MATINICUS ISLAND – A year after a feud among lobstermen erupted in gunfire, one of the two lobstermen who were on the receiving end of island justice is speaking out against a jury’s decision to acquit the man who fired a near-fatal shot.

Weston Ames said he remembers a bullet whistling by his head during a confrontation with Vance Bunker, a longtime lobsterman on Matinicus Island. His stepbrother, Christopher Young, wasn’t so lucky. The second bullet hit him in the neck, leaving him with lingering health problems.

“The truth of it is, he tried to kill two of us — for no reason,” said Ames, standing on the spot on Steamboat Wharf where the confrontation occurred.

Maine’s lobstermen have long lived under unofficial territorial rules dictating who can set their lobster traps where along the coast. To protect lucrative fishing grounds, lobstermen have been known to cut trap lines, harass one another at sea and, on occasion, show weapons.

On Matinicus Island, events came to a head on July 20, 2009. Bunker and his daughter, Janan Miller, drew guns on Young and Ames. Bunker fired twice, missing Ames but hitting Young.

Bunker and his son-in-law, Alan Miller, believed that Young and Ames were cutting Miller’s trap lines, while Young and Ames had accused Bunker and Miller of doing the same to them.

Bunker, who was considered a pillar of the Matinicus community, said he fired only because he feared for his daughter’s life after Ames grabbed the barrel of the shotgun she was holding. Bunker and his daughter were acquitted of all charges in March by a jury in Knox County Superior Court.

Ames remains shaken a year later. He recalls looking down at his brother, who had blood gushing from his neck. “That’s hard medicine to have your brother look up at you and say, ‘Don’t let me die here,’” he said.

He said it hurt when jurors found Bunker not guilty. “It made it feel like you didn’t matter,” he said.

Islanders are still hesitant to talk about the shooting. It’s a sensitive subject in such a tight-knit place, where barely two dozen people live year-round.

But they’ll tell you that Bunker, for the most part, is no longer welcome on the island. In the weeks after the jury’s verdict, Bunker’s pickup truck was spray-painted and his tires were flattened. His home on the island is now for sale, residents say.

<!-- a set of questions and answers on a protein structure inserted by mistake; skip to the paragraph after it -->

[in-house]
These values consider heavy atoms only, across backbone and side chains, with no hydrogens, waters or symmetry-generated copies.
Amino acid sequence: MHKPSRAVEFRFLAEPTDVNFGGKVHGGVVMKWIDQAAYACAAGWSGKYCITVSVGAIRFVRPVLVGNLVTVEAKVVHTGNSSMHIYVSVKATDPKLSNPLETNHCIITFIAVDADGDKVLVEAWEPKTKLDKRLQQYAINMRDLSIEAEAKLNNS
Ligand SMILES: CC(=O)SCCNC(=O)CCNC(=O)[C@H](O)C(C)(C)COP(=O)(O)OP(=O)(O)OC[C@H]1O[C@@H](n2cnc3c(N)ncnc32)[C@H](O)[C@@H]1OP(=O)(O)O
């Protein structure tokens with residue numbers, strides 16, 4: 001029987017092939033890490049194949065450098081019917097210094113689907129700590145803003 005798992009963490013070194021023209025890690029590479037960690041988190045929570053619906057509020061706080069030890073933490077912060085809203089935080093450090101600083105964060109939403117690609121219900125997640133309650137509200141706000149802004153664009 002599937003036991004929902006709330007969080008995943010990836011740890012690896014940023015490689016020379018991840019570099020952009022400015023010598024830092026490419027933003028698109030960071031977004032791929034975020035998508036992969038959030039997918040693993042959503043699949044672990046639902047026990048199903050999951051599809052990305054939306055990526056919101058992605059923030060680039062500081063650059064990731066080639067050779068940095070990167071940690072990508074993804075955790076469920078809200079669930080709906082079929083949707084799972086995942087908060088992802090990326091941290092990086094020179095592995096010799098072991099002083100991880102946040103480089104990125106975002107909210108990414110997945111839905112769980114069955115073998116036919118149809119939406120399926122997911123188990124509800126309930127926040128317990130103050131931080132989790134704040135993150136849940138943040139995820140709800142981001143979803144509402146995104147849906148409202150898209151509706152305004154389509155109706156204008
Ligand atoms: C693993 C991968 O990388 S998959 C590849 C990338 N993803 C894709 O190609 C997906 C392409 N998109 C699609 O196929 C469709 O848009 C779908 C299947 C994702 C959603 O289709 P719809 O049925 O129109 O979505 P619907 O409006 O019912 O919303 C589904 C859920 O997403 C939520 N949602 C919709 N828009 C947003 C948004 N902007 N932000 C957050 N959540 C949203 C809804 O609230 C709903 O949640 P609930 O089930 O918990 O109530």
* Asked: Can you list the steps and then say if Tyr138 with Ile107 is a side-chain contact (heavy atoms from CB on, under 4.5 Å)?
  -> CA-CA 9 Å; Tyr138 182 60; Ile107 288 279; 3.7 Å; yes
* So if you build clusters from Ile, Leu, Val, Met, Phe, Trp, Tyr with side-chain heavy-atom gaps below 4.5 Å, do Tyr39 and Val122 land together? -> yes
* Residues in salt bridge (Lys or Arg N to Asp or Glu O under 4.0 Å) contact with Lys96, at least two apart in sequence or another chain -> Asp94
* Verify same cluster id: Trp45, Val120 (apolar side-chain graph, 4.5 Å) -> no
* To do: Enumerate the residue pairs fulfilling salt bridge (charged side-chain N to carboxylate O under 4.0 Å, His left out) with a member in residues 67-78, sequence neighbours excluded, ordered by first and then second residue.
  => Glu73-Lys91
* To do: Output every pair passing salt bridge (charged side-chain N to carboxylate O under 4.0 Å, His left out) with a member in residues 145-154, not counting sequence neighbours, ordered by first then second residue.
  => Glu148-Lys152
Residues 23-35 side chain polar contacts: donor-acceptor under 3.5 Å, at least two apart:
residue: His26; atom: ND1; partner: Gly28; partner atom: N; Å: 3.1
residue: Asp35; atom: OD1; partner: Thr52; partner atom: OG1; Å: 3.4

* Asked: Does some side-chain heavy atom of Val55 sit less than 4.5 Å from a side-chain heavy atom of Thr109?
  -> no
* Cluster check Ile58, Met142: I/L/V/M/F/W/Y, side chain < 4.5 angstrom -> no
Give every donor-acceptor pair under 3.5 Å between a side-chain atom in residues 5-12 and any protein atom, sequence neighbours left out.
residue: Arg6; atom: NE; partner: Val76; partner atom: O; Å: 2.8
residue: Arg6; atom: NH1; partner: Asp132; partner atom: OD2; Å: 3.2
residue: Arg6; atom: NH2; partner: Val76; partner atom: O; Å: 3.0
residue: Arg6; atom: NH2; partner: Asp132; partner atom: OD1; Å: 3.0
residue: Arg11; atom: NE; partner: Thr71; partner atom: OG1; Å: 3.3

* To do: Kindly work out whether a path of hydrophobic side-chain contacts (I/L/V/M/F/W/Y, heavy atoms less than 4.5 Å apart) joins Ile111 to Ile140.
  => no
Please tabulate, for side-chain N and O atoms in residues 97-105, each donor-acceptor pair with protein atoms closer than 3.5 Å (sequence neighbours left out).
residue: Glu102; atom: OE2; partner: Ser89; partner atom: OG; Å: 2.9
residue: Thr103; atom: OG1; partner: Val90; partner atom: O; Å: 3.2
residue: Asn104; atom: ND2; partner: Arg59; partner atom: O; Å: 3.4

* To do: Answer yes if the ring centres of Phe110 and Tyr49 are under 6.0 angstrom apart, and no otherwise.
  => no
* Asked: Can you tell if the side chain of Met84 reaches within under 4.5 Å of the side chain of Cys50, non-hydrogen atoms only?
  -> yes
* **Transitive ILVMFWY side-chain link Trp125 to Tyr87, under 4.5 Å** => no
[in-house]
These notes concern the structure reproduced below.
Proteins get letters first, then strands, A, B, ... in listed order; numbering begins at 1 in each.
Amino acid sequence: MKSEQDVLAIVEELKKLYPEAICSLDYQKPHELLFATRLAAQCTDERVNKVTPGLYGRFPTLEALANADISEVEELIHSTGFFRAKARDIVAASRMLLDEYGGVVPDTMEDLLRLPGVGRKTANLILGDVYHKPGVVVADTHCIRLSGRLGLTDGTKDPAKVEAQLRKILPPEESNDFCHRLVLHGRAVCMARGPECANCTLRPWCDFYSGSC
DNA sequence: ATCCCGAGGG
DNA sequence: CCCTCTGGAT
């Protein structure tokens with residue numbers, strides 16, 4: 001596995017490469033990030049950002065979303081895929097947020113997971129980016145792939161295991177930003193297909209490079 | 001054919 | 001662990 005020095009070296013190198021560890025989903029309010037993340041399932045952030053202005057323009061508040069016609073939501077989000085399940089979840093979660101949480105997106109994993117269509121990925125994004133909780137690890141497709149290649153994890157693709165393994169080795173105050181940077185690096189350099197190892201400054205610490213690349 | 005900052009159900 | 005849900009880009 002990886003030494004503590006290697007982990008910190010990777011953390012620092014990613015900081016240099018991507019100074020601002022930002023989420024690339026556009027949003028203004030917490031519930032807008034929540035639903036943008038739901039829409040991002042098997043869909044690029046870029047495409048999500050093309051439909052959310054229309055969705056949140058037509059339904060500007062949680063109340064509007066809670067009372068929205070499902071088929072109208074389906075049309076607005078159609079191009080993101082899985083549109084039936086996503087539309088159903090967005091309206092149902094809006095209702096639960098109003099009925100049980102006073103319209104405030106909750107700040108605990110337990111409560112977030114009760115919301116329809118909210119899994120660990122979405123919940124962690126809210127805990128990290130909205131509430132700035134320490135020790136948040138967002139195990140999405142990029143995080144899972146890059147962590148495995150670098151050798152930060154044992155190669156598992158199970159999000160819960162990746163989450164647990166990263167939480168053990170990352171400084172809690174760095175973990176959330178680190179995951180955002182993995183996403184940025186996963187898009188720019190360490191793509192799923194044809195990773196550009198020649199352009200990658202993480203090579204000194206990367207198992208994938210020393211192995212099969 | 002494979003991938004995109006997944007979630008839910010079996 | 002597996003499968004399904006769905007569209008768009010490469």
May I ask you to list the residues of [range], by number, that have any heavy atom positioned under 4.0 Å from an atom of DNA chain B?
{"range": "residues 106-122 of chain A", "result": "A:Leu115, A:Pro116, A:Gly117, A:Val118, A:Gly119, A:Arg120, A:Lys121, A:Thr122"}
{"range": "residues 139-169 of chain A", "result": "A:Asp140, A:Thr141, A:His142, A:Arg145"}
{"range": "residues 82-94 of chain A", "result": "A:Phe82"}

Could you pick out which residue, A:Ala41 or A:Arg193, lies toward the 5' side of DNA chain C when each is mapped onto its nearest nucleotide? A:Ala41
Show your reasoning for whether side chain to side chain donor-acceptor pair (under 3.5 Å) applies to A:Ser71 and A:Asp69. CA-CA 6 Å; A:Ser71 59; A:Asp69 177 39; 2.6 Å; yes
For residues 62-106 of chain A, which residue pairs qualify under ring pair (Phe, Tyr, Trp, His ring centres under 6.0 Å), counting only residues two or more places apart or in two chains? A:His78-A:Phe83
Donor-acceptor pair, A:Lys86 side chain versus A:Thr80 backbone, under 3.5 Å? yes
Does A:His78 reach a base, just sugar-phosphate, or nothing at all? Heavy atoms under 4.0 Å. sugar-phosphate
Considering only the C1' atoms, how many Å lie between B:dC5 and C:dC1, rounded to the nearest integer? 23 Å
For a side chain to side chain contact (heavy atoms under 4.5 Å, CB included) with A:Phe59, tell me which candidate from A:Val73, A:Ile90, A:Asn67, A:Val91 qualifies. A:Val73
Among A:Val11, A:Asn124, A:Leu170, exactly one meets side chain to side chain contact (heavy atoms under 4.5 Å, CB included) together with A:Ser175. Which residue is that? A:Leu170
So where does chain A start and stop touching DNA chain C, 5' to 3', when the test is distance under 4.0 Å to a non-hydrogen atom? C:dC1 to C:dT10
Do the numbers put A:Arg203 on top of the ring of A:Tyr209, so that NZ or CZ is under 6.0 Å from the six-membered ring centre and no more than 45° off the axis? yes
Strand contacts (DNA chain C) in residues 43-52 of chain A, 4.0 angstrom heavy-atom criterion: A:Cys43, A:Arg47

Speaking from Owls Head, on the mainland, Sari Bunker, Bunker’s wife, said the episode has been stressful and recounting it would be like “picking a scab off a wound.”

She declined further comment. Her husband didn’t return a message.

Young and Ames have sued Bunker seeking damages. Despite suffering permanent damage to his left arm and hand, Young has been trying to pull traps this summer with assistance. He’s “not doing too well at it,” said his attorney, Bill Robitzek of Lewiston.

The lobster wars are now simmering.

Trap lines have been cut in Friendship, Cushing and Saco, officials said. In Stonington, somebody cut 11 lobster boats loose from their moorings this summer. The Fire Marshal’s Office is investigating a fire in May that destroyed more than 150 lobster traps in a lobsterman’s yard in Cushing.

But things are relatively quiet on Matinicus.

Representatives from the Maine Marine Patrol, the Knox County Sheriff’s Department, the Coast Guard and the Maine State Police meet regularly to discuss unrest among lobstermen in the Penobscot Bay region.

“Quiet is a good way to describe it,” said Marine Patrol Maj. Alan Talbot. “But I don’t think it would take too much to kindle things.”